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Christie's Rock Auction: Metallica, Elvis, Sex Pistols, Cursing

November 25, 2008 1:43 PM ET

The auctioneer at Christie's smirked when he announced Monday's lot 37, a shirt designed by Vivienne Westwood and Sex Pistols mastermind Malcom McLaren. "Fuck Your Mother!" he said, reading the shirt's inscription. "That's the first time I've ever said that up here." It wasn't the last — he repeated it three more times for good measure. The New York auction strayed from the usual Christie's fare, as items from Nirvan, Metallica, the Ramones and the Beatles were put up for bidding and netted a total of nearly $750,000. Of 350-plus available lots, a few of the more high-end items failed to meet their reserve price and remained unsold, including the original album art for the Beastie Boys' Licensed to Ill (bidding stalled at $19,000) and Kurt Cobain's childhood bass, which petered out at a measly $42,000. Check out a few of the day's more notable sales below.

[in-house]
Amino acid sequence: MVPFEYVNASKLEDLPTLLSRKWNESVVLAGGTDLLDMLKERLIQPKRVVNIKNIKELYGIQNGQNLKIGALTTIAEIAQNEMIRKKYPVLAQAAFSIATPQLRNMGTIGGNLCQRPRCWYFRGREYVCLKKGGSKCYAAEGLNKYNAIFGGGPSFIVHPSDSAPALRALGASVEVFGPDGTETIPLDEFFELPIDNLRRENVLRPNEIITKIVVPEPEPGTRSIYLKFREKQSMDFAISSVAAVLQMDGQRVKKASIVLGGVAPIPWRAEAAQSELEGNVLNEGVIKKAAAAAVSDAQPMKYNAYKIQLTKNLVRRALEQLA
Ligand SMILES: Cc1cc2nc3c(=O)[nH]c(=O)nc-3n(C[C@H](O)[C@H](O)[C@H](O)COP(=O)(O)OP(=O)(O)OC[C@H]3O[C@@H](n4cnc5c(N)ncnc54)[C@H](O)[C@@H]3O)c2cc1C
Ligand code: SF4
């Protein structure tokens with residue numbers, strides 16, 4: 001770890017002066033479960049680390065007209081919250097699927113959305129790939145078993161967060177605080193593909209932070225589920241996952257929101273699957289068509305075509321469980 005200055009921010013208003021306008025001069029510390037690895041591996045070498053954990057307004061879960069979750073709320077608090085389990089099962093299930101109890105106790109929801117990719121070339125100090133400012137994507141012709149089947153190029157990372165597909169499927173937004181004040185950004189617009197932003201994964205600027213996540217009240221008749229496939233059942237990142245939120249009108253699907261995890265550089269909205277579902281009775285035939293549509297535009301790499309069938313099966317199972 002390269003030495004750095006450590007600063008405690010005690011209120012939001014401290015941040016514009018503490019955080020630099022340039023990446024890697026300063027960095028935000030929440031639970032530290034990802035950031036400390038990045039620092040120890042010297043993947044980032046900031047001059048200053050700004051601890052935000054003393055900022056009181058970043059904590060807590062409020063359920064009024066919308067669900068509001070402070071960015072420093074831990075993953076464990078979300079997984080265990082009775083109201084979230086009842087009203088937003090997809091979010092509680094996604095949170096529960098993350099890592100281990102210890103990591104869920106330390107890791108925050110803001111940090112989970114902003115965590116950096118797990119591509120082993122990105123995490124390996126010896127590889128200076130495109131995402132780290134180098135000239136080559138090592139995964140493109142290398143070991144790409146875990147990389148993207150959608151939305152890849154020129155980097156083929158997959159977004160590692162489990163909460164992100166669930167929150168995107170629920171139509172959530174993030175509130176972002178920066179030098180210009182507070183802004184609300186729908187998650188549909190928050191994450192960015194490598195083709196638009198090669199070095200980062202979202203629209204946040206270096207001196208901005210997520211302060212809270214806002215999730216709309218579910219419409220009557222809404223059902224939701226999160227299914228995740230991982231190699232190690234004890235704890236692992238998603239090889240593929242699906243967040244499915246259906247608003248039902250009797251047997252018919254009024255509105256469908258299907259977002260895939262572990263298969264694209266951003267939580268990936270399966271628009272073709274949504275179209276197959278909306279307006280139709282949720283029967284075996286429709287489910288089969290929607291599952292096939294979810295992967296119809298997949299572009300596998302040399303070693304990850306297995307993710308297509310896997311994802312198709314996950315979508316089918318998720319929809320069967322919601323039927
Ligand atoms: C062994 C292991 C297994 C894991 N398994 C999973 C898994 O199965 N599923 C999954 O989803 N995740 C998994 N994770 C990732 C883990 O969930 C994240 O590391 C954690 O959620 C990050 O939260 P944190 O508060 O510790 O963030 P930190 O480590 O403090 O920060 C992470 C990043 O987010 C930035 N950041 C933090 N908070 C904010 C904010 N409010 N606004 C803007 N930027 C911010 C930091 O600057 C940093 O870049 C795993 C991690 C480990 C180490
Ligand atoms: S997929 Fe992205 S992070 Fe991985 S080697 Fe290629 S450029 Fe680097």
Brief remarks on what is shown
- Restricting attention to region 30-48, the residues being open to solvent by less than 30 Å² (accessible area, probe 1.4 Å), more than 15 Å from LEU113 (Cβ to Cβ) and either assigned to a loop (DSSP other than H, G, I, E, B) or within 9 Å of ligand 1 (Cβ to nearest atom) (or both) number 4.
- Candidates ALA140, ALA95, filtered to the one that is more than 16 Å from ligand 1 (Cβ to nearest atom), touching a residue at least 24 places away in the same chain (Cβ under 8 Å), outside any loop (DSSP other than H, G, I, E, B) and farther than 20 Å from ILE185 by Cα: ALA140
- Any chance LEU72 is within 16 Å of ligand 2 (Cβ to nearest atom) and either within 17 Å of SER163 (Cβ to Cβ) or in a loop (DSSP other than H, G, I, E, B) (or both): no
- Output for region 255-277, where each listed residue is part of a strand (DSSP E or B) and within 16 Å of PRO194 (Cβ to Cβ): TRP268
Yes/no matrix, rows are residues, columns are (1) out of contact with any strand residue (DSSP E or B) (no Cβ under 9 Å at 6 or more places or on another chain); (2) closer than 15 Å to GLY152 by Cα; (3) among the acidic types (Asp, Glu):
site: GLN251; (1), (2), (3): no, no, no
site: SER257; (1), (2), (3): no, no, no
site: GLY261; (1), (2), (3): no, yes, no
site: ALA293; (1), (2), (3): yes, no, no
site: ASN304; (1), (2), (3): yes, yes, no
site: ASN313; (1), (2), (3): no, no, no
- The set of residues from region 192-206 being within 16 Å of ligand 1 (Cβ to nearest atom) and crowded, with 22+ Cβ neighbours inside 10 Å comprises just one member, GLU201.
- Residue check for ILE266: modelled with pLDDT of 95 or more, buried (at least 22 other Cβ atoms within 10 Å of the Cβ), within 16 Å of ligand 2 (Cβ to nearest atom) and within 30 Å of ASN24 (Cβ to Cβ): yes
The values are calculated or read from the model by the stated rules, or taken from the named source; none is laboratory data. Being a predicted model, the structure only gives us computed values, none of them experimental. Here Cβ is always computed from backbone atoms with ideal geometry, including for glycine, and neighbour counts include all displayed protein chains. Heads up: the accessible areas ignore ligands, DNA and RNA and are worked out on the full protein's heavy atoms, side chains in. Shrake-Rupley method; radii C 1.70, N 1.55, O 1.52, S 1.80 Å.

• Cover artwork for Metallica's Master of Puppets: $35,000
• Ring worn by Elvis Presley during one of his final tours: $32,500
• Louis Armstrong trumpet: $27,500
• Original session tapes from Jimi Hendrix' Electric Ladyland sessions: $47,500
• Proof of smallpox vaccination certificate for Paul McCartney: $5,000
• Postcard written by Elvis: $7,250 (which comes out to around $426 per each word written in Elvis' hand)

Related Stories:
Rock's Rarest Artifacts: 15 of the Most Valuable Pieces of Memorabilia in Rock
Red Hot Chili Peppers Contribute to Charity Auction for Lit Drummer
Hip-HOp Jewelry Owned by Biggie, Diddy Going to Auction

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Song Stories

“San Francisco Mabel Joy”

Mickey Newbury | 1969

A country-folk song of epic proportions, "San Francisco Mabel Joy" tells the tale of a poor Georgia farmboy who wound up in prison after a move to the Bay Area found love turning into tragedy. First released by Mickey Newbury in 1969, it might be more familiar through covers by Waylon Jennings, Joan Baez and Kenny Rogers. "It was a five-minute song written in a two-minute world," Newbury said. "I was told it would never be cut by any artist ... I was told you could not use the term 'redneck' in a song and get it recorded."

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